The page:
Question about 2000 Ford F250 Super Duty Crew Cabs

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Loose steering ford f350 super duty; besides drag link and center link, what other tie rods on driver and passenger side do i need to replace for loose steering

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  • Anonymous Mar 27, 2014

    I replaced the tie rods and still have a problem with slack in the steering

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Idler arm, pitmen arm, and tie rod ends, ball joints.

Posted on Feb 10, 2009

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I have loose tie rod ends on both the right and left side of a ford 1999 expedition. On the passenger side the bottom bolt is missing completely. Do I need to replae both with a whole new assembly?


If the tie rods are just loose,you replace the bolts

Obviously if the end joint or brg is worn & loose you replace
them. (not the entire arm,just the joint)

You can replace the bolt or the tie rods yourself,
then have the front aligned within a few days as the
toe will be off.

I assume your talking outer ties rod ends,
not inner --- inside the steering rack boots!!

The inner joint does require the complete, what
looks like a rod or arm to be replaced

Apr 26, 2011 | 1999 Ford Expedition

4 Answers

HOW TO REDUCE EXCESSIVE PLAY IN STEERING WHEEL


There is an adjustment its on top of the steering box there is a nut you need to lossen with a stud with a sloted head coming throught it lossen the nut then screw the slotted stun in a turn or so tighten the nut and this will cut down steering wheel playto like new but don;t over do it you should have an inch of free play side to side

Nov 19, 2010 | 1995 Ford F350

1 Answer

STeering wheel is loose and noisy while steering. Sounds like something broke inside.


This might help to understand the steering linkage: REMOVAL & INSTALLATION Fig. 1: Steering linkage used on the Bronco and 4-wheel drive F-150 84928067.gif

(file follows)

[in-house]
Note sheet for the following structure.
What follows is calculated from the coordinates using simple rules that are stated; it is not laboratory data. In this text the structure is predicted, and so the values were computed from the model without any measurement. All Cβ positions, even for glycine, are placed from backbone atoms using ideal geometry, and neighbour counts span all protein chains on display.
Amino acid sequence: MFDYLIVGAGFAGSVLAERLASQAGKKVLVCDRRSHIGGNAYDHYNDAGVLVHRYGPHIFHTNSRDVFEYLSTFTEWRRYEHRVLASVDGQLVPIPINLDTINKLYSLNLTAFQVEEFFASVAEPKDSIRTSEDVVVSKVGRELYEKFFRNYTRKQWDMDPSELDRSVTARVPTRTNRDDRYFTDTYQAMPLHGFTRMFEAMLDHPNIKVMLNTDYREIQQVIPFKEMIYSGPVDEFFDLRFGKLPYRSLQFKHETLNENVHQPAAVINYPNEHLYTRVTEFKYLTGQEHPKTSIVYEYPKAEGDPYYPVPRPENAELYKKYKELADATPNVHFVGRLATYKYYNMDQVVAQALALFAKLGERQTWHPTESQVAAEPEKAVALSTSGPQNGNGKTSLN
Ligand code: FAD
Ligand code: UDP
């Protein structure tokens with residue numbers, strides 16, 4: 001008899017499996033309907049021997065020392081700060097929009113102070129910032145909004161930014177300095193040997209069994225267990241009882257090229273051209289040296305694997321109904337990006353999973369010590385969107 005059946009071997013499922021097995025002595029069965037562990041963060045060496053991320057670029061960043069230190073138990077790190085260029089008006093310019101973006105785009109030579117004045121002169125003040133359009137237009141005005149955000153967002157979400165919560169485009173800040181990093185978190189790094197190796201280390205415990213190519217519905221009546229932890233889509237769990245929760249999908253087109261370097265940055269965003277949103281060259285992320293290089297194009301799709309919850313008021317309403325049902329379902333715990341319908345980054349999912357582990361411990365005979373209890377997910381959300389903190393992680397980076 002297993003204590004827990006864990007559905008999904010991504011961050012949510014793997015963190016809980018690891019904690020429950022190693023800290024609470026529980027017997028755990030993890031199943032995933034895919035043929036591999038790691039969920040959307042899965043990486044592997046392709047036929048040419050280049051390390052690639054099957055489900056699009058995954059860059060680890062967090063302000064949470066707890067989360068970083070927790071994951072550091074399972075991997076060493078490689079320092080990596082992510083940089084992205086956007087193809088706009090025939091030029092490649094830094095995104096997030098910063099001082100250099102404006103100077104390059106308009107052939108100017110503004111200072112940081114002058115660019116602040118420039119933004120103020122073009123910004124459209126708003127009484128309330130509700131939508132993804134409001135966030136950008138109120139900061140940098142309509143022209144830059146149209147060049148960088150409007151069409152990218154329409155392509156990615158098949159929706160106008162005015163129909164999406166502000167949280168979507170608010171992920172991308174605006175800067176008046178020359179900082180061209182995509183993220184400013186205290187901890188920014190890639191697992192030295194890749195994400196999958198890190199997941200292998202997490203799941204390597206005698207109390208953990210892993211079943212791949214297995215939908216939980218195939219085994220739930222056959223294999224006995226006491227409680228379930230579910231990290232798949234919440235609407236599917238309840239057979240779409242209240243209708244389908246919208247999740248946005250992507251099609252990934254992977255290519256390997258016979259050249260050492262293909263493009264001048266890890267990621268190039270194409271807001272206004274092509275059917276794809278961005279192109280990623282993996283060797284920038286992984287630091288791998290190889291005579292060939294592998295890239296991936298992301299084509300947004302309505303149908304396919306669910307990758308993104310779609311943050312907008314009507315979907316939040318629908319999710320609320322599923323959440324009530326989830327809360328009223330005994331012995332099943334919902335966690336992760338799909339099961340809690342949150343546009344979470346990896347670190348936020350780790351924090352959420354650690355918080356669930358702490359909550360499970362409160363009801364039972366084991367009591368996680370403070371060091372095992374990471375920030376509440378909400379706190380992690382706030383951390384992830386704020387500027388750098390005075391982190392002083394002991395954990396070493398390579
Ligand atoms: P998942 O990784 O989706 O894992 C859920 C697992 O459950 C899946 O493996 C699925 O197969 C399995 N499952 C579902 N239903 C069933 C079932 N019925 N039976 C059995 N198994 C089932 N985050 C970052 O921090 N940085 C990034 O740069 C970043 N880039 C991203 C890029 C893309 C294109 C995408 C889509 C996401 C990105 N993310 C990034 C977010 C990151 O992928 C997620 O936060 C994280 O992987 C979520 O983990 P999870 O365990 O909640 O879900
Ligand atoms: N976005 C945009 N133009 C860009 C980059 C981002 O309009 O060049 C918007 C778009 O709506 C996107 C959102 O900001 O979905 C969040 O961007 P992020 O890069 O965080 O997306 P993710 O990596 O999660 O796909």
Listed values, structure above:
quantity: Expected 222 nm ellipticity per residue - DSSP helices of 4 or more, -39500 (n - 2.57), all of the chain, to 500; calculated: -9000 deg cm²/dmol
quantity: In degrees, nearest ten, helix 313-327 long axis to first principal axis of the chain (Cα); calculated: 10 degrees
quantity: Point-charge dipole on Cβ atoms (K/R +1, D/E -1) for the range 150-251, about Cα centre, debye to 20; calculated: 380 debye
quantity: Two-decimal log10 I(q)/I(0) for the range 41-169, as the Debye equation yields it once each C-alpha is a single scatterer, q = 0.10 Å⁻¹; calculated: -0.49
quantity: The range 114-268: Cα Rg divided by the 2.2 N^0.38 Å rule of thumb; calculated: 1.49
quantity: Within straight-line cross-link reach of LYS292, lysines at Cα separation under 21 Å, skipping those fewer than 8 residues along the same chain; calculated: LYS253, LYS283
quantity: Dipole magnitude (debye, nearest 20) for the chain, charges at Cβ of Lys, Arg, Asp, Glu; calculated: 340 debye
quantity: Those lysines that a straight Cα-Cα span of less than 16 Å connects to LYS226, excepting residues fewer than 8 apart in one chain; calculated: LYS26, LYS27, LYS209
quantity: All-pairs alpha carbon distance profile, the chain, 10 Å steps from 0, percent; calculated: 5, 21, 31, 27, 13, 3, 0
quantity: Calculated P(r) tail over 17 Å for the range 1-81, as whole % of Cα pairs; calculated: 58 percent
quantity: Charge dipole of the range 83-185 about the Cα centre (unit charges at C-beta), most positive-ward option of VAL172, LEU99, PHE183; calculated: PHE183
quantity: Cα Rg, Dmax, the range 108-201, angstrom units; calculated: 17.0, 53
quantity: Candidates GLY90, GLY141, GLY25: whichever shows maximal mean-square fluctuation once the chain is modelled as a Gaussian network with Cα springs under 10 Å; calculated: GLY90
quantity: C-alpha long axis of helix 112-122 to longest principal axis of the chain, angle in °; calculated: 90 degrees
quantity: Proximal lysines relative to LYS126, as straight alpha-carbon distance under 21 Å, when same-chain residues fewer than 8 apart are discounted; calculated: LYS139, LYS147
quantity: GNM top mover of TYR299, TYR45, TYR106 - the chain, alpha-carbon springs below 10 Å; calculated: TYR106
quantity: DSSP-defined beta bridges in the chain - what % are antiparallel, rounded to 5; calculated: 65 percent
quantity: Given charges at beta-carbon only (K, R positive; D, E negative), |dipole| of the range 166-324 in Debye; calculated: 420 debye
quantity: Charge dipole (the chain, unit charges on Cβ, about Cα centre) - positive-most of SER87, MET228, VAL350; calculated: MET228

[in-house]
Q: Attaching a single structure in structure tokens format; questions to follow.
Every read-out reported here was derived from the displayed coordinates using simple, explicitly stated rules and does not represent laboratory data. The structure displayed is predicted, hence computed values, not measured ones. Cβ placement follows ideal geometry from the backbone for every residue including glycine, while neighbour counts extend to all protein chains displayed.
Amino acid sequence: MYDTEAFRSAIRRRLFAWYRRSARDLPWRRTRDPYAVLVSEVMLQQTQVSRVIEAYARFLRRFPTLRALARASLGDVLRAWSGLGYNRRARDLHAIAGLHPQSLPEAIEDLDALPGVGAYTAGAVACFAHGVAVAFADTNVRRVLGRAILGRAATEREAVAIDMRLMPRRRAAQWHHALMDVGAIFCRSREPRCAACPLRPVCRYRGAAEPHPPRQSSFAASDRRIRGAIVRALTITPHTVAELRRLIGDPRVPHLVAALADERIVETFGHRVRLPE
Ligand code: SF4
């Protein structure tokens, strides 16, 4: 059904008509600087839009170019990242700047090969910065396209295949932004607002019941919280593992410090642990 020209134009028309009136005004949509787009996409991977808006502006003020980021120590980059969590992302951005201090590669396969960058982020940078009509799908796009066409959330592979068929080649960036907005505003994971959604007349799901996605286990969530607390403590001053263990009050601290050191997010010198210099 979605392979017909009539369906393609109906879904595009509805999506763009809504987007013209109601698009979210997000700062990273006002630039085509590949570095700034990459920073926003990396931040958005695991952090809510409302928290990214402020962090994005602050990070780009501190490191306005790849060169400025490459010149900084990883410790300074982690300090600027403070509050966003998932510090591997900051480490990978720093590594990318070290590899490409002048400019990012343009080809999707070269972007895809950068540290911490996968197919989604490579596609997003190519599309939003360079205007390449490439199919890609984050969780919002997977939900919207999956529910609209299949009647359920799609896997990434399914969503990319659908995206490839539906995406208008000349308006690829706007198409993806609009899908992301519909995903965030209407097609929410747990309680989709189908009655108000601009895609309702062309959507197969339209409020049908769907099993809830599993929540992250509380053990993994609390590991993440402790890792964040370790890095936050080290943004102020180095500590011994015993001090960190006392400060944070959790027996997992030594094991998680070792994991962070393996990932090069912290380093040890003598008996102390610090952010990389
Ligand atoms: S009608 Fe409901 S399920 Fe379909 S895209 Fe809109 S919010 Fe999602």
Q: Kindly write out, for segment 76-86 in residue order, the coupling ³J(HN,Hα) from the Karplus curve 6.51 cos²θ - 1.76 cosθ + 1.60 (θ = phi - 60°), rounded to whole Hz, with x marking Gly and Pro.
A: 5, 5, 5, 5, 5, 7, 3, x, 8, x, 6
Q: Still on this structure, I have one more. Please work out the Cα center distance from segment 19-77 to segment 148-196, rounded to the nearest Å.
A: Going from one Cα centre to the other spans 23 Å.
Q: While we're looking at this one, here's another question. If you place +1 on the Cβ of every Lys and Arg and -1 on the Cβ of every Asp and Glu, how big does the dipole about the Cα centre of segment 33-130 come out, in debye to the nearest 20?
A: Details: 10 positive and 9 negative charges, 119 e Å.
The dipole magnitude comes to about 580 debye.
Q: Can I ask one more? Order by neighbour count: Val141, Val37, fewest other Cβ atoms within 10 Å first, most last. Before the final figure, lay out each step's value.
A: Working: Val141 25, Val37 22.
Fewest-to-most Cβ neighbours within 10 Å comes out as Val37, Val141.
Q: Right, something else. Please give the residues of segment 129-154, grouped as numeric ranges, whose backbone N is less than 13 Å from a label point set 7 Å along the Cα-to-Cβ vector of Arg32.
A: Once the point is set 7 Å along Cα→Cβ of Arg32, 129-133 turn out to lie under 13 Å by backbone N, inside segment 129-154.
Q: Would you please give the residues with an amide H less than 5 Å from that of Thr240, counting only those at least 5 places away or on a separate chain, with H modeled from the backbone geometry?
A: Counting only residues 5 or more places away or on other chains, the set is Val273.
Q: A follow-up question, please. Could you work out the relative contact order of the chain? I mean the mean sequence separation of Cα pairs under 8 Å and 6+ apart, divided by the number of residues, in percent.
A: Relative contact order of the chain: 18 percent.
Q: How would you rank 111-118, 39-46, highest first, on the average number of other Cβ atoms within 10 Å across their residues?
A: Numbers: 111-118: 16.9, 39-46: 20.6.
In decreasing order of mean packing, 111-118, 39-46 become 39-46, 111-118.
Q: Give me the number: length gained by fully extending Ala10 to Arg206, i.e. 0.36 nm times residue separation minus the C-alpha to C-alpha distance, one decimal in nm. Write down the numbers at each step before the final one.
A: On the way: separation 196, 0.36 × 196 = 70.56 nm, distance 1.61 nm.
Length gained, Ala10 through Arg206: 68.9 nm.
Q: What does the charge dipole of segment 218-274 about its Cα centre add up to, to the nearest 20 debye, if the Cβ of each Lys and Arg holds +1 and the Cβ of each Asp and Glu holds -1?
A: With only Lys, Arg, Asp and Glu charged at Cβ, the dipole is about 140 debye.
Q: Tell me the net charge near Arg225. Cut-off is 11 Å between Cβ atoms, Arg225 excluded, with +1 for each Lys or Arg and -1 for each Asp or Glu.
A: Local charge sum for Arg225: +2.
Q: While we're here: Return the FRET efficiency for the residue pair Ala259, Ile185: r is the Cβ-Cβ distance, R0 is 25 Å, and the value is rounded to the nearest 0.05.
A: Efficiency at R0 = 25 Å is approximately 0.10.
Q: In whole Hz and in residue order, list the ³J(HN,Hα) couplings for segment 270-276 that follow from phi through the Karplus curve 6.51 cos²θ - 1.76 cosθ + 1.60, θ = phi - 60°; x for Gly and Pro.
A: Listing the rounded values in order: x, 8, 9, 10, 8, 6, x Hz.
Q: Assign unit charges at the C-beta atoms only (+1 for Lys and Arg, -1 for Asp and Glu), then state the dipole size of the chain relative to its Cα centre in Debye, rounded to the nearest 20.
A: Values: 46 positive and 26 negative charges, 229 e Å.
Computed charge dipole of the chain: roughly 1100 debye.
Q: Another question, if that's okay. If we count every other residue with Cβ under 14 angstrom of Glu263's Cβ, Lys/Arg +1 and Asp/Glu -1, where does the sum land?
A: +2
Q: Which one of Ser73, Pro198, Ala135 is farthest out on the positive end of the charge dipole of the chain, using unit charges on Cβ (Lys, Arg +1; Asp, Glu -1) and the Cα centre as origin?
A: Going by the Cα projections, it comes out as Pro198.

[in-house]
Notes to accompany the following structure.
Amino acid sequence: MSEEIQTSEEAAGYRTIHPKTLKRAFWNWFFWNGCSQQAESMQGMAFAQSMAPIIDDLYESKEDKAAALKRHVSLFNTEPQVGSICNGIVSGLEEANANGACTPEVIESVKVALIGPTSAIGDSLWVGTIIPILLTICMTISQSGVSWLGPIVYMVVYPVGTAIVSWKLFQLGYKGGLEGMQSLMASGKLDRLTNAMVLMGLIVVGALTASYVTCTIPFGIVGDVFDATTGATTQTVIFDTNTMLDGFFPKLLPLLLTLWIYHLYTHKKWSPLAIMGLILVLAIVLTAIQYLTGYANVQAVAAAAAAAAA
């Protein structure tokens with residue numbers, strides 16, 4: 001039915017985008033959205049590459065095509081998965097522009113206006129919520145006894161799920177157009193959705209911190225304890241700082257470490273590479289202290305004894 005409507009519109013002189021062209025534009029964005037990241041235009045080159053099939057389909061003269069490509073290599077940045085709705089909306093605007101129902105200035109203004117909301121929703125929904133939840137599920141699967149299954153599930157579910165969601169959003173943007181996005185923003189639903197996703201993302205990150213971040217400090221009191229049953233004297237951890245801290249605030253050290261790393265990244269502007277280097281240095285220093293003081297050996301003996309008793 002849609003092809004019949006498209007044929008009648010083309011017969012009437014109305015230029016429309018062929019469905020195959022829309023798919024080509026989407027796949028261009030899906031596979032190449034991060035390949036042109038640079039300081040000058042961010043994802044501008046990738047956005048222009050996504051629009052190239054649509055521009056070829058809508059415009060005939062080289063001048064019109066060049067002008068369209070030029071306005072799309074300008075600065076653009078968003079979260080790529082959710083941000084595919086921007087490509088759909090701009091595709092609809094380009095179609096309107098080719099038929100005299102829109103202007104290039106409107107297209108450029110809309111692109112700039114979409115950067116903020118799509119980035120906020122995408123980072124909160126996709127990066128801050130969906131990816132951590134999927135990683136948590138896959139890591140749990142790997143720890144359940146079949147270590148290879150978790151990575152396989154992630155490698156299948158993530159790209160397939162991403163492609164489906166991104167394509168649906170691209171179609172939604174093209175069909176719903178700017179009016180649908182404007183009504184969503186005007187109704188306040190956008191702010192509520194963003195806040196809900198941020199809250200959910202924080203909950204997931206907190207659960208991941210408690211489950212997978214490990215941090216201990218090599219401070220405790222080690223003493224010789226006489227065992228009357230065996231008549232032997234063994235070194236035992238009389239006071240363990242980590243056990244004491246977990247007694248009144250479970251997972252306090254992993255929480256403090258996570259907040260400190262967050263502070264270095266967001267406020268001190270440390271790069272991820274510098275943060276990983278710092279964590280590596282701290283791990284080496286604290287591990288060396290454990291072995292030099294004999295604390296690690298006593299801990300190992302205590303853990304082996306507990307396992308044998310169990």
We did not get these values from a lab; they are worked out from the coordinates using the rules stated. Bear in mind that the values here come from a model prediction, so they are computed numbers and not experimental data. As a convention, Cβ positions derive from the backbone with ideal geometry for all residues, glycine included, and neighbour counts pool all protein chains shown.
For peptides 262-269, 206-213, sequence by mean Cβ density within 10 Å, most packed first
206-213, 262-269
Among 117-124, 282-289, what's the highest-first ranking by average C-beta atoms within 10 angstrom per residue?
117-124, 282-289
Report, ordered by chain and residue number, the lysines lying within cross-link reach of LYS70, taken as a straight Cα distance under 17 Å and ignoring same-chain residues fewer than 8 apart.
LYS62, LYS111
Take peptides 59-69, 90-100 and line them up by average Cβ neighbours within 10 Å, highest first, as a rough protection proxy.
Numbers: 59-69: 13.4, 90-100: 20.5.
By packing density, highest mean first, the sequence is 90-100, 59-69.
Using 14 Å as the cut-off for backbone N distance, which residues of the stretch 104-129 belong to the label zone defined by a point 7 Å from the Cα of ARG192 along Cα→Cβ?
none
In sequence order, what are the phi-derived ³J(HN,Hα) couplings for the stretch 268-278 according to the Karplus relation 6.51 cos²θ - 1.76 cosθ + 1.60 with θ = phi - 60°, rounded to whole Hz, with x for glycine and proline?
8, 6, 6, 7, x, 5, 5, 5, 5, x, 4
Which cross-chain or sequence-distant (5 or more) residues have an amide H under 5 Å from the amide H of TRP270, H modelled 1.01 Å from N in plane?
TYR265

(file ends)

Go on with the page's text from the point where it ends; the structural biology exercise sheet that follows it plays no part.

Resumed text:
Fig. 2: Steering linkage used on the 4-wheel drive F-350 84928070.gif
Fig. 3: Steering linkage used on F-Super Duty chassis/cab 84928071.gif
Pitman Arm EXCEPT F-SUPER DUTY STRIPPED CHASSIS AND MOTOR HOME CHASSIS
  1. Place the wheels in a straight-ahead position.
  2. Disconnect the drag link at the Pitman arm. You'll need a puller such as a tie rod end remover.
  3. Remove the Pitman arm-to-gear nut and washer.
  4. Matchmark the Pitman arm and gear housing for installation purposes.
  5. Using a 2-jawed puller, remove the Pitman arm from the gear.
  6. Installation is the reverse of removal. Align the matchmarks when installing the Pitman arm. Tighten the Pitman arm nut to 170-230 ft. lbs. (230-312 Nm); torque the drag link ball stud nut to 50-75 ft. lbs. (68-102 Nm), advancing the nut to align the cotter pin hole. Never back off the nut to align the hole.
F-SUPER DUTY STRIPPED CHASSIS MOTOR HOME CHASSIS
  1. Matchmark the Pitman arm and sector shaft.
  2. Disconnect the drag link from the Pitman arm.
  3. Remove the bolt and nut securing the Pitman arm to the sector shaft.
  4. Using a 2-jawed gear puller, remove the Pitman arm from the sector shaft. To install:
  5. Aligning the matchmarks, slide the Pitman arm onto the sector shaft. If the arm won't slide on easily, use a cold chisel to spread the separation. NEVER HAMMER THE ARM ONTO THE SHAFT! Hammering on the arm will damage the steering gear!
  6. Install the nut and bolt. Tighten the nut to 220-300 ft. lbs. (298-407 Nm).
  7. Connect the drag link.
Tie Rod and Drag Link EXCEPT RUBBERIZED BALL SOCKET LINKAGE
  1. Place the wheels in a straight-ahead position.
  2. Remove the cotter pins and rust from the drag link and tie rod ball studs.
  3. Remove the drag link ball studs from the right-hand spindle and Pitman arm.
  4. Remove the tie rod ball studs from the left-hand spindle and drag link.
  5. Installation is the reverse of removal. Seat the studs in the tapered hole before tightening the nuts. This will avoid wrap-up of the rubber grommets during tightening of the nuts. Tighten the nuts to 70 ft. lbs. (95 Nm). Always use new cotter pins.
  6. Have the front end alignment checked.
RUBBERIZED BALL SOCKET LINKAGE
  1. Raise and support the front end on jackstands.
  2. Place the wheels in the straight-ahead position.
  3. Remove the nuts connecting the drag link ball studs to the connecting rod and Pitman arm.
  4. Disconnect the drag link using a tie rod end remover.
  5. Loosen the bolts on the adjuster clamp. Count the number of turns it take to remove the drag link from the adjuster. To install:
  6. Installation is the reverse of the removal procedure. Install the drag link with the same number of turns it took to remove it. Make certain that the wheels remain in the straight-ahead position during installation. Seat the studs in the tapered hole before tightening the nuts. This will avoid wrap-up of the rubber grommets during tightening of the nuts. Tighten the adjuster clamp nuts to 40 ft. lbs. (54 Nm). Tighten the ball stud nuts to 75 ft. lbs. (102 Nm).